• Learning Platforms – Bringing People to Policy: This strategy was designed to help systematise and extend the existing learning practices employed by the UDA through the creation of multi-actor learning platforms. These platforms would institutionalise multi-directional communication between actors from the state (UDA, Colombo Municipal Council etc.), representatives from academic, activist and civil society organisations, and local communities. By bringing together conversations and relationships that currently exist in isolation, this strategy aims to build synergies between actors helping identify and resolve issues within existing housing stock and planning processes and allowing the lived experience of residents to inform forward looking policy and design decisions.
    • Changing Planning Language – Challenging the discourse of Underserved Settlements: Building on Sevanatha’s earlier mapping of Colombo’s underserved settlements, this strategy proposed the development of neighbourhood profiles (based on resident survey data, asset and risk mapping, documentation of upgrading etc.). These profiles would then be used to both challenge the idea that all underserved settlements suffer from an identical set of challenges; and strengthen the negotiation position of communities in the context of relocation.

    Embedded in the lived experience of three specific communities, the tentative strategies proposed during this project sprung from a common source – the need to reintroduce complexity, diversity and fluidity into a planning context intent on sorting Colombo into the static, binary categories of underserved and regenerated; world class and working class; planners and the planned for. By failing to account for the multiple realities and capacities of Colombo residents, this reductive framing shuts down the space to think differently about urban development in Colombo and encourages the proliferation of top-down, standardised development models. In contrast, a reframed understanding of Colombo’s communities as dynamic, diverse, capable and connected creates room to advocate, adapt and evolve planning processes towards the achievement of more just, people-centred development. This reading of Colombo planning resonates strongly with ongoing work by academics, activists and civil society organisations in the city, some of whom are already actively engaged in efforts to develop and convey this message onwards to decision-makers. In this way, the fieldwork project enabled the DPU to add its voice to a growing call for more socially, spatially and environmentally just development.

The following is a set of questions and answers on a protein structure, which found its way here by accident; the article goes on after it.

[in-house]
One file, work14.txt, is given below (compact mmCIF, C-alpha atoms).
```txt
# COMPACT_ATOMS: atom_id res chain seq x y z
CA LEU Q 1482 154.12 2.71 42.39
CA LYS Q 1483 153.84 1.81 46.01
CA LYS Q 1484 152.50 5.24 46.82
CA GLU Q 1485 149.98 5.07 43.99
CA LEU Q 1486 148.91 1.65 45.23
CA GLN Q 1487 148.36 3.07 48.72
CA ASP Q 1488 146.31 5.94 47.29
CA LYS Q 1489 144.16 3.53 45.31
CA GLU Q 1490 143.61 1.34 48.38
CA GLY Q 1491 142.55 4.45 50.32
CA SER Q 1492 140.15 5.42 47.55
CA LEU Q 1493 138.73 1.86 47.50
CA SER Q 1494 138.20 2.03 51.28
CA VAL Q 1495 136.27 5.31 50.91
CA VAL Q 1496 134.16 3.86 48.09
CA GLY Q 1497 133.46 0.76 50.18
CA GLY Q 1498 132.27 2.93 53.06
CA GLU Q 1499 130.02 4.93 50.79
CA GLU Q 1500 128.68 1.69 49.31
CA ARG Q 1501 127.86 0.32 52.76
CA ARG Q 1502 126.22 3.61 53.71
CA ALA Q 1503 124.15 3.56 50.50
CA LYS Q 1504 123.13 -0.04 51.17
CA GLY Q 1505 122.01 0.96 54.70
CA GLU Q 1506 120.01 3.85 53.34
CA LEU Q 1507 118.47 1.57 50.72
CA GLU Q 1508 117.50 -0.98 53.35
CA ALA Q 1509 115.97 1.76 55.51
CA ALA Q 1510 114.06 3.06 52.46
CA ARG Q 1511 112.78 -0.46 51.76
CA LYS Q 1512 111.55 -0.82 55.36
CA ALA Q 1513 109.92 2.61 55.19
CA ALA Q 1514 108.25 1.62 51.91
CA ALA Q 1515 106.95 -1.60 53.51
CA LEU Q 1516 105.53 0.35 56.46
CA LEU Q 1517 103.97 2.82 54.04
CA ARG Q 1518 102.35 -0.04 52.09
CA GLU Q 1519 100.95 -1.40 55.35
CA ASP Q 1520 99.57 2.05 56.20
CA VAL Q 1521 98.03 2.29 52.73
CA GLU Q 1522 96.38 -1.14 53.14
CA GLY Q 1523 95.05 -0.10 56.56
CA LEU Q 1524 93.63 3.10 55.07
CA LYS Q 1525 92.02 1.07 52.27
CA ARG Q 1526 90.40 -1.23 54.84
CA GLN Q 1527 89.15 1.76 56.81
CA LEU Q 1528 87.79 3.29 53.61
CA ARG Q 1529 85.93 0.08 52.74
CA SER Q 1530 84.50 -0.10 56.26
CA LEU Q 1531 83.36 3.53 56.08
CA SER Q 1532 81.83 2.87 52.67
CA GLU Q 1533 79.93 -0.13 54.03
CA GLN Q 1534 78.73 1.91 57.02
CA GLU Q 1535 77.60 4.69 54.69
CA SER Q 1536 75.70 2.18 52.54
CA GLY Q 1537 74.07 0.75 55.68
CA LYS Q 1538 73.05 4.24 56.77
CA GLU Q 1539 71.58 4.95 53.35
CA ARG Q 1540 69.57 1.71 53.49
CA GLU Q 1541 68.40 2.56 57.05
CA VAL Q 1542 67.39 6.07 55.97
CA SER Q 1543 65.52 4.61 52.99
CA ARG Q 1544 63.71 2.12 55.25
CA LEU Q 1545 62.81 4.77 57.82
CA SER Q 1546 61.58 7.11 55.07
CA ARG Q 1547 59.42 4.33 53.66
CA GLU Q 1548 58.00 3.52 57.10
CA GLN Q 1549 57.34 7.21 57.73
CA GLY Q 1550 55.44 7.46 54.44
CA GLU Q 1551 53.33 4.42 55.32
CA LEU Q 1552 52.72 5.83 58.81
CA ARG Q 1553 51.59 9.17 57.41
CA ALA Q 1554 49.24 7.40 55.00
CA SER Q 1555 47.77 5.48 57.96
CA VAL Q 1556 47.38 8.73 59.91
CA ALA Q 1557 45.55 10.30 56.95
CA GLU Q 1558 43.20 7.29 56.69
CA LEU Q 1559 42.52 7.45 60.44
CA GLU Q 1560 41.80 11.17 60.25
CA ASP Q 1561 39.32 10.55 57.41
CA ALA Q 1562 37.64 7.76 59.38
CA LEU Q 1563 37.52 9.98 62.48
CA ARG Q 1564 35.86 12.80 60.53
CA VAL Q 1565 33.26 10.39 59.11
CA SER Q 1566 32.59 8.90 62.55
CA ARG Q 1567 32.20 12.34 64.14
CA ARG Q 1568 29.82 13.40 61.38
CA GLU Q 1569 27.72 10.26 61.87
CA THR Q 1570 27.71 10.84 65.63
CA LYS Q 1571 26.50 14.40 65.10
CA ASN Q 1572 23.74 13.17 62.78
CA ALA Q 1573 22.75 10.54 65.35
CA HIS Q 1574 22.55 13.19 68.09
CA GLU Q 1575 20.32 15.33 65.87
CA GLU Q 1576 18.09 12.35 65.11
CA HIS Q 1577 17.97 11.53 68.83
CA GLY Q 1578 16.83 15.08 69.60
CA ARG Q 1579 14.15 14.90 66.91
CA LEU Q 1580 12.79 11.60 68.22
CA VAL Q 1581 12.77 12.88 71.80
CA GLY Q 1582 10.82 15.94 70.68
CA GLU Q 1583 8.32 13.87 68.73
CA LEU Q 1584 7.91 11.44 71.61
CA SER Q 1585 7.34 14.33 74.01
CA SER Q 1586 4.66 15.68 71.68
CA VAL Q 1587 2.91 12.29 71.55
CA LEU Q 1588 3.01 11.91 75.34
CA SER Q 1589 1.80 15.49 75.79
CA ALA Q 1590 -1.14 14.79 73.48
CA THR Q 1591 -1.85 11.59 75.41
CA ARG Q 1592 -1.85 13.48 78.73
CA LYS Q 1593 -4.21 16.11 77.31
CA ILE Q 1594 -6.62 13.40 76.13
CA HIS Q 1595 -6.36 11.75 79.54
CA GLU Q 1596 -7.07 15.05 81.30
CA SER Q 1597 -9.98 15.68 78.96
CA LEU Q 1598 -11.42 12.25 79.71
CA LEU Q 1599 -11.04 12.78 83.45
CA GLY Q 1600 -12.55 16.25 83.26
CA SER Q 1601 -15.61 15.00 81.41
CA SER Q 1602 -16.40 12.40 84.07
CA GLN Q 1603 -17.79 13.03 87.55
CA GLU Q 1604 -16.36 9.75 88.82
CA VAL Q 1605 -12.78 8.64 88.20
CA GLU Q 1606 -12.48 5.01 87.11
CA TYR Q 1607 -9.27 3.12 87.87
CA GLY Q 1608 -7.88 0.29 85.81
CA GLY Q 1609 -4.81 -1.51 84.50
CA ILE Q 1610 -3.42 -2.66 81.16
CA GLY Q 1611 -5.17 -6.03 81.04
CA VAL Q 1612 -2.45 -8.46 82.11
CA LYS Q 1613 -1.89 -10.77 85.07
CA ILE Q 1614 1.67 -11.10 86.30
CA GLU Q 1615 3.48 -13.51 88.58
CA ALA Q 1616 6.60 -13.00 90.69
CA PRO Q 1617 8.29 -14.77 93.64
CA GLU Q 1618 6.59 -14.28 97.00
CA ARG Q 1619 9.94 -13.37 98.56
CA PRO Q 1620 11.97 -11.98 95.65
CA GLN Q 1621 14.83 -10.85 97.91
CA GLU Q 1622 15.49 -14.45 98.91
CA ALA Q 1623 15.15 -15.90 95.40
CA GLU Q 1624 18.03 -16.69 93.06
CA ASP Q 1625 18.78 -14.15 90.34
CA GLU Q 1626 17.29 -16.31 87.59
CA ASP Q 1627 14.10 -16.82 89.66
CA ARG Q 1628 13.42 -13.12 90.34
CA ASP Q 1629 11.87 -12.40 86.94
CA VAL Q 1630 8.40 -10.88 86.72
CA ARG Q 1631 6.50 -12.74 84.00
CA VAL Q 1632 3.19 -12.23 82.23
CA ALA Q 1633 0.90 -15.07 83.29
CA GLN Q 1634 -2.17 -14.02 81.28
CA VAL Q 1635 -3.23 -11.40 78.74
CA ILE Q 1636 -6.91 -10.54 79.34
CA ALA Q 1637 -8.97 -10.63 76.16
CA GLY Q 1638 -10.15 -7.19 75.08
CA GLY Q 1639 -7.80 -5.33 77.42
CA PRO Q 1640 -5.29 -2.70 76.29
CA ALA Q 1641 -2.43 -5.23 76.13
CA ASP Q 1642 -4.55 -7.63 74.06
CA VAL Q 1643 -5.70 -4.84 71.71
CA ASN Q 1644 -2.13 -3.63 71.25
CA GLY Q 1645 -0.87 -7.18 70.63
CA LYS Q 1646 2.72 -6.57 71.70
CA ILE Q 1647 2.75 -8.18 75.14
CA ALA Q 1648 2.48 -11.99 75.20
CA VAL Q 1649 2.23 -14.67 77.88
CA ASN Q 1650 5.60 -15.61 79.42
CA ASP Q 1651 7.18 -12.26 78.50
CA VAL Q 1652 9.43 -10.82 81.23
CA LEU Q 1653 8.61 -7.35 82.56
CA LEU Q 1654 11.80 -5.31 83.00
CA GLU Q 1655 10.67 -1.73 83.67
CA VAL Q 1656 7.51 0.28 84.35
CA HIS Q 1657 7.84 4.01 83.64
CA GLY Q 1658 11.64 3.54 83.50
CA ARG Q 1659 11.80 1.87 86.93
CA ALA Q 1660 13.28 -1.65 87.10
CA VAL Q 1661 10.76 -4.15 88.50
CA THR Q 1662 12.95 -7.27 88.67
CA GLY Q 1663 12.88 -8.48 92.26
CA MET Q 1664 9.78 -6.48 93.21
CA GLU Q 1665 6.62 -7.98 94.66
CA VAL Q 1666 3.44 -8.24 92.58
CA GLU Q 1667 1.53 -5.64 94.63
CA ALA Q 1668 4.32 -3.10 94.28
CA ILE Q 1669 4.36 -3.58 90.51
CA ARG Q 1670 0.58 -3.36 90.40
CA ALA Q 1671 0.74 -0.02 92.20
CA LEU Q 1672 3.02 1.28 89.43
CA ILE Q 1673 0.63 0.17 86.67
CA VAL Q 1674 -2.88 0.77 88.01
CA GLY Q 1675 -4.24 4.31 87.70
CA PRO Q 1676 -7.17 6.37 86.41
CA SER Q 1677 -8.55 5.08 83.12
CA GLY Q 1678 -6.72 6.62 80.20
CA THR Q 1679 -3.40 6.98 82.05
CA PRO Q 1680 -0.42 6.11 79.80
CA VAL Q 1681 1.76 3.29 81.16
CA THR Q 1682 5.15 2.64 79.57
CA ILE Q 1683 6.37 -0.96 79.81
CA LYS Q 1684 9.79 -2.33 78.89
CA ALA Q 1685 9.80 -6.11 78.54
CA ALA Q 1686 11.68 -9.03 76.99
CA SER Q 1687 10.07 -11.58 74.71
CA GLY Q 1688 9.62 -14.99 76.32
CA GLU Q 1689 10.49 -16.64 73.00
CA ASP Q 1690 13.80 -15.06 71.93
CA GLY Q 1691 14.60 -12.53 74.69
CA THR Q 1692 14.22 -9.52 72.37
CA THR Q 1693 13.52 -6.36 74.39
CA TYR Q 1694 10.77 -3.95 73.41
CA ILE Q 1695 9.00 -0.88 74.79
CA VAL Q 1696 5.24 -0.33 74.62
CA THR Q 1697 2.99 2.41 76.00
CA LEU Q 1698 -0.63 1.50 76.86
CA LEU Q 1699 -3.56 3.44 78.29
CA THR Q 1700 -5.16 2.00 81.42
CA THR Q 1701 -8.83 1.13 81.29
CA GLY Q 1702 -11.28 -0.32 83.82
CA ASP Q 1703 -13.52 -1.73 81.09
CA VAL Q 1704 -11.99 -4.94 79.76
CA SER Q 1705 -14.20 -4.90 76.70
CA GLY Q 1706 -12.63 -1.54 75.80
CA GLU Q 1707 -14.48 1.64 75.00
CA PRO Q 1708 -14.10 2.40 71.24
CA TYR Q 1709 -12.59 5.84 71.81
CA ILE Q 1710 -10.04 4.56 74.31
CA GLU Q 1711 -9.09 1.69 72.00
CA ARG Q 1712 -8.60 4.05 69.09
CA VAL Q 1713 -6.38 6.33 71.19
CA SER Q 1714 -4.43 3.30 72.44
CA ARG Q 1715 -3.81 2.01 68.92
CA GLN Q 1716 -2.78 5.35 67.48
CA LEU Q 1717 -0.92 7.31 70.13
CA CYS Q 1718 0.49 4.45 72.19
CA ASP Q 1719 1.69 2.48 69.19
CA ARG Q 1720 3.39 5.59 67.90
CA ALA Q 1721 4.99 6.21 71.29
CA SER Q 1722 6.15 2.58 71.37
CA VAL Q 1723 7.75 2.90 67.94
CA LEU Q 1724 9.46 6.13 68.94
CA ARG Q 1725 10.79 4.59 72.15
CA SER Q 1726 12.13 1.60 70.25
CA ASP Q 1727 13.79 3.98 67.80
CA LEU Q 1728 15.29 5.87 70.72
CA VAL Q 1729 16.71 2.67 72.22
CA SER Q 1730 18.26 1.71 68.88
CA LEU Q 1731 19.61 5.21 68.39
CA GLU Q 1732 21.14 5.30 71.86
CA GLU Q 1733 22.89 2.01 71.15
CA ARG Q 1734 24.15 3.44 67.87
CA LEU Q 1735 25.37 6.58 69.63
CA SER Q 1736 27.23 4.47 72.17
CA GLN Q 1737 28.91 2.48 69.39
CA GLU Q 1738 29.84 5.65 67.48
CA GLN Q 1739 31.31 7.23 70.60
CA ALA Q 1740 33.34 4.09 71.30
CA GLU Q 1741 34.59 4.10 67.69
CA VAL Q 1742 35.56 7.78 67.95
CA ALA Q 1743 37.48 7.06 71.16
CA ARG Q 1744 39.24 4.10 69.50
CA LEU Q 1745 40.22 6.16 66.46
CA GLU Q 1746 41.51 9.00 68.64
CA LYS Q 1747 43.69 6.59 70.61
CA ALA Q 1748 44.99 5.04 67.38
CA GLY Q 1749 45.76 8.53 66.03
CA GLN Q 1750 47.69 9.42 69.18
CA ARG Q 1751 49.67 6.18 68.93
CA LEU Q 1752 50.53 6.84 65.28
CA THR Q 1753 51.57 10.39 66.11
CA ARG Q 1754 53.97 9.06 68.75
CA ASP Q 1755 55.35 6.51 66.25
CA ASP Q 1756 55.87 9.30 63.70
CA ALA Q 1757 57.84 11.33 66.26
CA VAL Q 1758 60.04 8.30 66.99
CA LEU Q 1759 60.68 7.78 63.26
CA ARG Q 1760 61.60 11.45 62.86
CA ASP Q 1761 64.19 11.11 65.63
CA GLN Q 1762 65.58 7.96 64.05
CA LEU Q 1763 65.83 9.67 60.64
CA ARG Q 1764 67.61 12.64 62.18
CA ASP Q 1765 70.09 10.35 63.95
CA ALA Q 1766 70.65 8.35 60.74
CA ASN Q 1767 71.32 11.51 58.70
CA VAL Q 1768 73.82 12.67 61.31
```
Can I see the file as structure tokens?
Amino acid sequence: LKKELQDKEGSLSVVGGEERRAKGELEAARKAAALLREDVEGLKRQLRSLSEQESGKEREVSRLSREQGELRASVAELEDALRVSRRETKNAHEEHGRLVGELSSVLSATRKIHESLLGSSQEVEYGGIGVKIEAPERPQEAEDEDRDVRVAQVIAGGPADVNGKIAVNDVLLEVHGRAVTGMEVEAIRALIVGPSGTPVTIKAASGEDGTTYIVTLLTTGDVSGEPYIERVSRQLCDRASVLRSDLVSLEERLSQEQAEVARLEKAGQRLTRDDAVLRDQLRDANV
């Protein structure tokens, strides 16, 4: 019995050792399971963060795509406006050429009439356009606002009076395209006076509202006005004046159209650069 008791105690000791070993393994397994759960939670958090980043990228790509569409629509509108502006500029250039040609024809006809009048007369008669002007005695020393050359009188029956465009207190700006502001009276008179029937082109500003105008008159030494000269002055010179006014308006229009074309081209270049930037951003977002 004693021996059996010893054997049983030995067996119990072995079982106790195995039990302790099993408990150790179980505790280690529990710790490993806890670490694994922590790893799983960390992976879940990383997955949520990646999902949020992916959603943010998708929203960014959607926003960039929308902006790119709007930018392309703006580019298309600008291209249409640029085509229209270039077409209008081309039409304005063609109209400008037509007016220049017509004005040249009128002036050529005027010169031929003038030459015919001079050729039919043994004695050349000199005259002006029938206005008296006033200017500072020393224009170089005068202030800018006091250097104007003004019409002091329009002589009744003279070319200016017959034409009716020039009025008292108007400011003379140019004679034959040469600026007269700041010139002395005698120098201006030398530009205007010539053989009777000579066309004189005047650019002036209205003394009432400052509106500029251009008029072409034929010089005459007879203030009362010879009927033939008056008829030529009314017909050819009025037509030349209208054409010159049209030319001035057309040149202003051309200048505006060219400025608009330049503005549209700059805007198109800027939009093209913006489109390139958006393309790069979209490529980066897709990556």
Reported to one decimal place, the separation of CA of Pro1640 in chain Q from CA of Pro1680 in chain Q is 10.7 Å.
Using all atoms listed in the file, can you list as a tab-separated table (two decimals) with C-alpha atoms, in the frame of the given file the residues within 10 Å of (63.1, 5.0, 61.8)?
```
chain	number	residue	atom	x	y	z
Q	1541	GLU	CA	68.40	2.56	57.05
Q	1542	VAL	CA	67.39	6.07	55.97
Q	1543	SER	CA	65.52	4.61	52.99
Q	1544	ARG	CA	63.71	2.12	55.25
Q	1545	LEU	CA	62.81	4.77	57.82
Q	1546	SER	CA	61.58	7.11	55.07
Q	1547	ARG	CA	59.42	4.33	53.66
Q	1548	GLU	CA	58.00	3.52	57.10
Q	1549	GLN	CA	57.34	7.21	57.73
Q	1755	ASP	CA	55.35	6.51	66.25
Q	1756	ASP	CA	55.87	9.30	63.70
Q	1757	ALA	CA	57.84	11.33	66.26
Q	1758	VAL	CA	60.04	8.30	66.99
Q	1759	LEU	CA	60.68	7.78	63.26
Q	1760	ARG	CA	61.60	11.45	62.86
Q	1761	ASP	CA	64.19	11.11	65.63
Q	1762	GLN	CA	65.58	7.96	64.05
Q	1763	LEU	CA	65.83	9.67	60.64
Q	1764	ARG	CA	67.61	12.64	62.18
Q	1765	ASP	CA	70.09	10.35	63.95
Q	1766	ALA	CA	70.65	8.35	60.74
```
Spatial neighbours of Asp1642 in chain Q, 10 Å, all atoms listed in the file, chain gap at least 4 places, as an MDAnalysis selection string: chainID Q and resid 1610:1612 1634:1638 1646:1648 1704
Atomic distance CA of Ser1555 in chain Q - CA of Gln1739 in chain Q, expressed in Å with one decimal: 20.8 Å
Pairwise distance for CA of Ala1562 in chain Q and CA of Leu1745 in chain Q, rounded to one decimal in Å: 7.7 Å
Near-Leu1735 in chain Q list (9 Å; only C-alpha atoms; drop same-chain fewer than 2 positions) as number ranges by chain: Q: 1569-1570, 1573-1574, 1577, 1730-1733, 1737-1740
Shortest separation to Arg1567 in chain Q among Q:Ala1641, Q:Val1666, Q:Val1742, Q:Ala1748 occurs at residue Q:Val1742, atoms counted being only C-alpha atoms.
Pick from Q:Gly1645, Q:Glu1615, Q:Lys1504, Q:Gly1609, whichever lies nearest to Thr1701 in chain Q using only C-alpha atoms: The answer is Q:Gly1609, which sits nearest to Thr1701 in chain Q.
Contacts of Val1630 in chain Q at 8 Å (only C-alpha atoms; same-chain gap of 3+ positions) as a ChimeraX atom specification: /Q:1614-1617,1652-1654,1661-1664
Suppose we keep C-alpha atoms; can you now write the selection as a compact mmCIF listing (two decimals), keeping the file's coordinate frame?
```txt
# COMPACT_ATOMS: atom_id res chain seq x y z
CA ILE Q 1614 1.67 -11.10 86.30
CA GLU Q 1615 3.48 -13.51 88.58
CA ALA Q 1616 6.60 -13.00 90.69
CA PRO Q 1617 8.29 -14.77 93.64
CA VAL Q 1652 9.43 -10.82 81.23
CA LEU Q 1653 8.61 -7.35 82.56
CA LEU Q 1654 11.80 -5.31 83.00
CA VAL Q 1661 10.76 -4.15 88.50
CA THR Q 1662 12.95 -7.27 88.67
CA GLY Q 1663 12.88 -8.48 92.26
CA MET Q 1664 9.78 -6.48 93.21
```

Lastly, we would like to express our gratitude for the fantastic support provided by the MSc UDP staff team as well as all of our project partners in Colombo. In particular, special thanks is owed to Chularathna Herath (Executive Director of Sevanatha Urban Resource Centre) and Ruchika Lall (DPU alumna and DPU/ACHR/CAN Young Professional).

    Cultura Negada: Reflecting on Racialised Urban Violence and Practices of Resistance in Salvador da Bahia, Brazil

    By Federica Risi, on 9 July 2018

    Prominent academic debates around violence in the city most often seem to be concerned with how structural economic and political drivers codify violence into the urban space. To appropriate Harvey’s terminology, with how urbanisation by dispossession – in other words marginalisation – of urban groups contributes to increasing crime rates and gangs-related violence. It is only in recent decades that ‘institutional’ abuse  – perpetrated by police forces under the blind eye of the Hobbesian state – as well as more structural forms of selective and – most often –  race-based violence are confronted[1]. And yet as a category of analysis of the urban, violence emerges as a causally less linear and more nuanced construct.

    Measurability of course is an issue and deserves being questioned. What indicators are taken into account when defining urban violence? What types of data are considered? Who collects them? How are they read and  disseminated? The action research conducted in Salvador, as part of the MSc Social Development Practice overseas field trip, has evidenced how municipal – and national – indexes reflecting increasing rates of homicides as related to organised-crime, robbery and drug trafficking overlook important aspects of the realities of violence lived everyday by vulnerable urban communities. Vulnerability on its end also warrant a discussion on methodology. Drawing from the Participatory Action Research (PAR) tradition in urban planning, vulnerability is here understood as socially (re)produced and as related to asset ownership (Moser, 1996; drawing on Sen, 1981) and the capacity to cope with shocks; whether environmental, economic, political or all of these combined.

    In this blog series, I undress some reflections on how Salvador, the blackest city of Brazil, epitomises such a nuanced appreciation of how violence is urbanised, that is, how it becomes spatially codified in the city;  and in turn is itself an agent of urbanisation. Graffiti[2] is offered as an entry point for the analysis.